Major reforms of the libel laws which will see would-be claimants having to show they have suffered serious harm to their reputations, or are likely to do so, before they can take a defamation case forward, have been unveiled in a new Defamation Bill.
The Bill, promised in the Queen's Speech on Tuesday, follows a long campaign for reform by critics of the current defamation laws, who have argued that they are weighted too heavily in favour of claimants and have a chilling effect on freedom of speech.
Justice Secretary Ken Clarke said as he published the Bill: "Freedom of speech is essential in a democratic society.
"The Defamation Bill will rebalance the law to ensure those who have genuinely been defamed can still take action and seek redress, but without the threat of such action unjustifiably hindering freedom of expression.
"The current system is complex, unwieldy and expensive. These reforms will provide clarity, ease the threat of long and costly libel proceedings and make it easier for trivial cases to be dismissed without undermining individuals' ability to protect their reputation."
As well as requiring a would-be claimant to be able to show that his or her reputation has suffered or is likely to suffer serious harm - a reform intended to reduce the number of trivial claims being taken to the courts - the Bill will also give courts the power to order a losing defendant in a libel case to publish a summary of its judgment.
The summary should be agreed between the parties, but the court would be able to decide the wording itself if the parties failed to do so.
The Bill will also introduce a single-publication rule, so that the one-year limitation period in which a libel action can be brought would run from the date of the first publication of material, even if the same article is subsequently published on a website on a later date.
The reform is intended to end the current situation, dating from a case in 1849 involving the wildly eccentric Duke of Brunswick, by which material in newspapers' online archives, and on other websites, is regarded as being republished every time it is downloaded which, in effect, leaves the archive operator with a limitless risk of being sued.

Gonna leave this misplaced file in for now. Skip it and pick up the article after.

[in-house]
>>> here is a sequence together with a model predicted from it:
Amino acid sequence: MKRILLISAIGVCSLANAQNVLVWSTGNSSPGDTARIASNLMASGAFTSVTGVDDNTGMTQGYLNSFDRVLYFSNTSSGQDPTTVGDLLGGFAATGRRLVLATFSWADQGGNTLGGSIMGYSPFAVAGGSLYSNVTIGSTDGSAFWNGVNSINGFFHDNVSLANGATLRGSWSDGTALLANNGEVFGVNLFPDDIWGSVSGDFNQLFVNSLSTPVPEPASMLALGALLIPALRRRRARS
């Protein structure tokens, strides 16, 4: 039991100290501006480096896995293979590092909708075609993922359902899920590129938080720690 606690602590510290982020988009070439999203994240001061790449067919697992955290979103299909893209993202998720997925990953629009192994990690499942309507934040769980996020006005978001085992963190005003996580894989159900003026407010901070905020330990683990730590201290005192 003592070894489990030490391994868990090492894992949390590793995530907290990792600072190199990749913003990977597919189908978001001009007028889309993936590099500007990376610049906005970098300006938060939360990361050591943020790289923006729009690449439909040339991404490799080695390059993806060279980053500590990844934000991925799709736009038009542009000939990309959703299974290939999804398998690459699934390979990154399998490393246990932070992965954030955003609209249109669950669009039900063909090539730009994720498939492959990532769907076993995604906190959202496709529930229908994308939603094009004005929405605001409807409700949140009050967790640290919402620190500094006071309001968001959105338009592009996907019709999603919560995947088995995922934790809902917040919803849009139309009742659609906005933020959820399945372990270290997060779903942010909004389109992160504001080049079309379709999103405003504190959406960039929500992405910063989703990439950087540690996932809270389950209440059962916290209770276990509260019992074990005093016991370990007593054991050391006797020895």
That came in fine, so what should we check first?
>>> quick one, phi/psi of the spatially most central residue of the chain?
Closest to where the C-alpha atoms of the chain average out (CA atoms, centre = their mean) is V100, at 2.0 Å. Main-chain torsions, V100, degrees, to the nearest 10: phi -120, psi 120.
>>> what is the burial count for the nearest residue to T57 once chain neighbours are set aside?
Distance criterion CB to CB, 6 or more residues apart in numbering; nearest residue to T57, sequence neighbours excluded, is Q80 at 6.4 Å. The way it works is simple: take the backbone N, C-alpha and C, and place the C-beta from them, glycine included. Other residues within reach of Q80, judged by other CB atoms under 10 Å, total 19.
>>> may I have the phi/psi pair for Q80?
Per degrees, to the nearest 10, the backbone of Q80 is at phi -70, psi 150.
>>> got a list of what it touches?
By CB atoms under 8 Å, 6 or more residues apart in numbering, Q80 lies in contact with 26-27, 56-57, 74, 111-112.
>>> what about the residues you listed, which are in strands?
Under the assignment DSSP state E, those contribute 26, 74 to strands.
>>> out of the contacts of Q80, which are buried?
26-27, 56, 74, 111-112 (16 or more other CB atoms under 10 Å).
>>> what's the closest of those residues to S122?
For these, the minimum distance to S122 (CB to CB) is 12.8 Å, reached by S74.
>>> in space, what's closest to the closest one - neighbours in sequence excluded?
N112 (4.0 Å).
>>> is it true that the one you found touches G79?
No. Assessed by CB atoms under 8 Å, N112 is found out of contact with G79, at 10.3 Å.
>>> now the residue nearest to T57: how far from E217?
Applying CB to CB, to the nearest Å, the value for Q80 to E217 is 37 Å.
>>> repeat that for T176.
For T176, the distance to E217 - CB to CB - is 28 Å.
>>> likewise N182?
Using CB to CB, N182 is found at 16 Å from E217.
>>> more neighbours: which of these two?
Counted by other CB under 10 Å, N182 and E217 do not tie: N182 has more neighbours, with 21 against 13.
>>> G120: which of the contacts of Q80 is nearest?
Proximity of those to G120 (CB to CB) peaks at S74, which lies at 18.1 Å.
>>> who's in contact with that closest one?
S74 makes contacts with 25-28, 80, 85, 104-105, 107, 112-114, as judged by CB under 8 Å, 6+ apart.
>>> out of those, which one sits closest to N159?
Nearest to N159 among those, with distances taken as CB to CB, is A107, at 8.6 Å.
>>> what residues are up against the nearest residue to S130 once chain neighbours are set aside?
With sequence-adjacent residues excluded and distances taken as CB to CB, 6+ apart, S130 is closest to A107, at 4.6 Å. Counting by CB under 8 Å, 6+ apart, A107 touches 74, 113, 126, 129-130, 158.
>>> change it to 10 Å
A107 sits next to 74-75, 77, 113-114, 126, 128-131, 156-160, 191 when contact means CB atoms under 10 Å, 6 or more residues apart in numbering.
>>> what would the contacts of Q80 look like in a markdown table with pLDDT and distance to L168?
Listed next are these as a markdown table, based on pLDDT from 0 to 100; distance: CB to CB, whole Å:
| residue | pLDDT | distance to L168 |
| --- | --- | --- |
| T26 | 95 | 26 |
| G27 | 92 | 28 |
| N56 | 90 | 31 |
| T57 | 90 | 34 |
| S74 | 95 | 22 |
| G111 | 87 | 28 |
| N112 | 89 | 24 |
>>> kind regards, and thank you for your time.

The Bill will also replace the common law defences of justification and honest comment with new statutory defences of truth and honest opinion.
The so-called Reynolds defence of responsible journalism published in the public interest also gets statutory recognition, as responsible publication on a matter of public interest.
Website operators will receive extra protection, with a special defence if they can show that they did not post the statement in question in a libel case on to a website.
The Bill will also extend privilege to peer-reviewed articles in scientific and academic journals - campaigners for libel reform have long complained that many articles have been dropped by such publications because of the threat of libel actions which they say has had a chilling effect on scientific and academic debate.
It also aims to restrict so-called libel tourism by reforming the law so that the courts do not have jurisdiction to handle defamation cases brought against people who do not live in the UK or a European Union member state unless "England and Wales is clearly the most appropriate place in which to bring an action".
The presumption that defamation trials will be held with a jury will also be abolished, although judges will be able to order a jury trial if they believe it necessary in the interests of justice.
Jo Glanville, editor of Index on Censorship, one of the organisations which comprises the Libel Reform Campaign, said: "We're delighted to see the publication of the Bill.
"It's a significant step forward for the protection of freedom of expression in the UK but the battle's not quite over. We'd like to see a more robust public-interest defence and will continue to campaign on this, amongst other amendments to the Bill."
Solicitor Caroline Kean, a defamation specialist and partner at law firm Wiggin LLP, said: "The Bill contains some good proposals, including the single-publication rule (no need to worry about web archives) and a new privilege for peer-reviewed articles in scientific and academic journals.
"However, with the removal of juries, the determination of whether something was in the public interest and had a defamatory meaning will be the sole preserve of conservative, white, middle-class judges. Hardly a culturally diverse group."
Solicitor Rebekah Finch, a defamation specialist at law firm Irwin Mitchell, said: "The changes are a step towards bringing the law into the 21st century.
"Social media such as Facebook and Twitter have led to a surge in the number of defamation cases relating to content published online, with the medium meaning statements can be spread very quickly.
"Because of these new challenges, the aim of the Bill is to strike a better balance between the right to speak freely without fearing legal action and ensuring that an individual is still able to protect their reputation if they have been defamed."